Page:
The Guggenheim Museum, New York City
September 18, 2009 – January 13, 2010
Wassily Kandinsky (1866-1944) has to be one of the most interesting major artists people know very little about. Or know the wrong things about. The main parts of his surviving work and reputation have been entrusted to entities in the several countries where he held citizenship—Russia, Germany and France—so we have multiple, often conflicting, versions of who he was. Other of his works can only be found far afield; still other works were lost due to historic and personal disruptions. Documentation of significant years he spent in, for example, Central Asia and revolutionary Russia, are still surfacing only now; scholars have often "filled in the blanks" in the records with interpretations that gave misleading emphasis to available information, however sparse. His own writings have sometimes received somewhat wooden, off-putting translations, and even in their originals, they can be an acquired taste: he often wrote in an exalted style that is part and parcel of the intellectual culture of his time, or in a combative, owing-nobody-anything style he earned by entering the field of painting at 30 after early professional successes in law and anthropology. Then, too, I often wonder whether, as a true synesthete, he was sometimes painting in images that evoked sounds for him that others cannot hear.
Impression III (The Concert). January 1911. Oil and tempera on canvas.
36 ½ x 39 3/8 inches (77.5 x 100 cm). Städtische Galerie im Lenbachhaus, Munich, Germany
Nevertheless, as I testified in my very first piece for Scene4 in April of 2000, I am smitten by Kandinsky's demanding paintings and galvanized by his fervent writings. From these, I have glimpses of Kandinsky that persist and align to form one of the primary lenses through which I view the world. And because of this, I have made regular "pilgrimages" to see his work over a 30-year period: to San Francisco, Paris, New York, Tokyo, Frankfurt, Moscow, Amsterdam, Los Angeles, and more. So that news of the most recent, big show in New York, "Kandinsky," was cause for special excitement, not only for the paintings themselves, but also for the discussion the show was sure to engender in scholarly and artistic circles long afterwards.
To name an exhibition simply "Kandinsky" is surely to promise something definitive, and the show by that name, organized for the Guggenheim's 50th anniversary in 2009, had grounds to promise that. The occasion brought together three major collections: from Munich's Lenbachhaus, which holds Kandinsky's early work, from 1910 to 1914, thanks to the selfless donation of the longtime partner he abandoned, the painter Gabriele Münter; from Paris's Centre Pompidou, which houses works of Kandinsky's from revolutionary Russia, from his middle period at the German Bauhaus and from his final ten years in Paris, thanks to the careful legacy of his wife Nina, whom he married unexpectedly in 1917 and lived with until his death in 1944; and from the Guggenheim's own holdings of his masterworks spanning 1914 to 1944, thanks to the museum's first director, the artist Hilla von Rebay. For the show, these three cornerstone collections were further supplemented by the loan of key works from private and small museum collections in a range of countries across Europe. In the press, the three museums called it a "full-scale retrospective," which sounded pretty comprehensive.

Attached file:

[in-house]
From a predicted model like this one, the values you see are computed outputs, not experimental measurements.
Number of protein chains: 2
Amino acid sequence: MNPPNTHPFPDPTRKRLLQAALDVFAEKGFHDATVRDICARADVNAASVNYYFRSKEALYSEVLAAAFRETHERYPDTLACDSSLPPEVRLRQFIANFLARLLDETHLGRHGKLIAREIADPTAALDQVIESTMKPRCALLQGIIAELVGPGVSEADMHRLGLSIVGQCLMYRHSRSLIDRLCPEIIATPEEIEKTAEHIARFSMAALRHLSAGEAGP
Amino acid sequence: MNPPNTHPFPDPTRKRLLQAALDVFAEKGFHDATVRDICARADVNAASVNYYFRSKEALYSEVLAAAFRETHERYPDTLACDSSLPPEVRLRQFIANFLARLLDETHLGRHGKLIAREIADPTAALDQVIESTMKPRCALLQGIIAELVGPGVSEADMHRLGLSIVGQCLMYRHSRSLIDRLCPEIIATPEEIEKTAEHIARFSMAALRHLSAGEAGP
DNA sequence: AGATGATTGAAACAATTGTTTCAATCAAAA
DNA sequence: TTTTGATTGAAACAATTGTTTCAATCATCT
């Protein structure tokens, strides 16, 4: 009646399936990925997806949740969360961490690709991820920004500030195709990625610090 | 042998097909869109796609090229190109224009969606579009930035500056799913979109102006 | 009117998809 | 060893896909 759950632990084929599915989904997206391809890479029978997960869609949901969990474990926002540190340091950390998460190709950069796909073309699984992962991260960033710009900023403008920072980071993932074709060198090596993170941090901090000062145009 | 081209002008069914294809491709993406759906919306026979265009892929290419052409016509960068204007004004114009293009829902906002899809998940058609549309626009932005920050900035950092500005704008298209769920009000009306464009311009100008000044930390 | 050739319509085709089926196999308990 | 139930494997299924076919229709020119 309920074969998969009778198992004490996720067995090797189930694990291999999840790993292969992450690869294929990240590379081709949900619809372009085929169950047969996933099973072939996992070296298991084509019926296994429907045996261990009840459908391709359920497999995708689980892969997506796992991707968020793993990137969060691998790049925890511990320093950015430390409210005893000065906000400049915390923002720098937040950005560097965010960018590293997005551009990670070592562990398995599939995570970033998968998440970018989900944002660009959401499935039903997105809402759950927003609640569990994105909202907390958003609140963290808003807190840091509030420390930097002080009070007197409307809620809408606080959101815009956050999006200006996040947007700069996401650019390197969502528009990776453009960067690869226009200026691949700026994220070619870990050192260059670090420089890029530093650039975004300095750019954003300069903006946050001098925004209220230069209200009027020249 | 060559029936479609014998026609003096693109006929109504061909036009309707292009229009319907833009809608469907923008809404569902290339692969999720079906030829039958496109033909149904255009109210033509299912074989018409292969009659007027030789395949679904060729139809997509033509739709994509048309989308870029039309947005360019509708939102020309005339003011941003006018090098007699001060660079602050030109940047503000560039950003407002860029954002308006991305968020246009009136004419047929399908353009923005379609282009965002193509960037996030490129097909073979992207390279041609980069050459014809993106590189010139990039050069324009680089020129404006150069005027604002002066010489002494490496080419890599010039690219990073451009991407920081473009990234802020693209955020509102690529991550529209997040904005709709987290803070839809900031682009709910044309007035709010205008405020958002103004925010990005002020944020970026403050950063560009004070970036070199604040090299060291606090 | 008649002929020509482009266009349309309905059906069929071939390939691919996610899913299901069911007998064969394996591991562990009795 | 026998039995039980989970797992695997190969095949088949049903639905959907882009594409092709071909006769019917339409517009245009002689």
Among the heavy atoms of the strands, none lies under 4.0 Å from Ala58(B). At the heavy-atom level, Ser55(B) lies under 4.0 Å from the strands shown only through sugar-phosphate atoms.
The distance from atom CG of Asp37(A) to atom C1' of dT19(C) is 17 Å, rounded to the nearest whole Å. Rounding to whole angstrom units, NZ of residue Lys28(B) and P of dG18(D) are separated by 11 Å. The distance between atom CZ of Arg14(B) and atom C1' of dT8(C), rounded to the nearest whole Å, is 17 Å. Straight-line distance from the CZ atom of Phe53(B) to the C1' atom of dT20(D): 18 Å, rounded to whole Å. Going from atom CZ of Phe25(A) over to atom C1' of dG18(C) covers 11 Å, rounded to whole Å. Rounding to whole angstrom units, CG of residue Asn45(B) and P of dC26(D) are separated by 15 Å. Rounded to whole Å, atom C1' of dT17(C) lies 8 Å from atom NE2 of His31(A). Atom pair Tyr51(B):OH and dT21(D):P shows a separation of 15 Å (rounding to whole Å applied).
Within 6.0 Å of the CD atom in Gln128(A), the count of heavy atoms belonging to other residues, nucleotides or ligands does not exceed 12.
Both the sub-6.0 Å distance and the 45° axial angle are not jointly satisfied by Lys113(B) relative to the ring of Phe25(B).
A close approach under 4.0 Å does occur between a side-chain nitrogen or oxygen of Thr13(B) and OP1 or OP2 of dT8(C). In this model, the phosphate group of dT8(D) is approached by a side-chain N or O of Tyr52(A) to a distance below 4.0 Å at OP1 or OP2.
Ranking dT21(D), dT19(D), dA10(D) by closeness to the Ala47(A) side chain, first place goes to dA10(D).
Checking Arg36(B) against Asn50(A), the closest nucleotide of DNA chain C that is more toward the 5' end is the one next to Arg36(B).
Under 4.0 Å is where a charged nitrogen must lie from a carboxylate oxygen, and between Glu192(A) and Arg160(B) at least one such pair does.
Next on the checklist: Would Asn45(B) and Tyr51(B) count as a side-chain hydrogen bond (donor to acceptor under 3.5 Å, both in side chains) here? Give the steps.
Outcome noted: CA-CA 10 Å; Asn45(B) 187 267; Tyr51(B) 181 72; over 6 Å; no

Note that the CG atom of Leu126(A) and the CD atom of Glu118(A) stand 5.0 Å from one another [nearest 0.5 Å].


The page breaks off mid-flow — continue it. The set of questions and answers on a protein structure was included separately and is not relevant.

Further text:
As my son and I started on the first of six levels of the main gallery's famous spiral, we moved through Kandinsky's earlier exploratory pictures to the grand abstractions many people know him for. These explosive, color-charged canvases made even the viewers come alive: everyone was talking, gesturing, moving up close and backing away; I've never seen so much physical participation in a painting exhibition. And Kandinsky's own physicality came through, too: how much mental and physical energy it took to make those astonishing paintings!
Sketch for "Composition II" (Skizze für "Komposition II"), 1909–10;
the final version was destroyed in the war. Oil on canvas, 38 3/8 x 51 5/8 inches (97.5 x 131.2 cm).
Solomon R. Guggenheim Museum, New York
But after having scaled level after level for several hours, we were still in 1914, with more than 30 years of Kandinsky's career to go. As we neared the top, we were rewarded with a tiny trove of utterly original images: dashing geometric paintings from his influential Bauhaus period, and endearing biomorphic ones in kooky pastels from his final Paris years. These paintings were dynamic and delightful respectively, but constituted a puzzling smattering of Kandinsky's middle and later work, giving the public a troublingly skewed notion of Kandinsky's complete oeuvre. At that juncture, I thought a better title for the show might have been "Kandinsky: Guggenheim and Friends."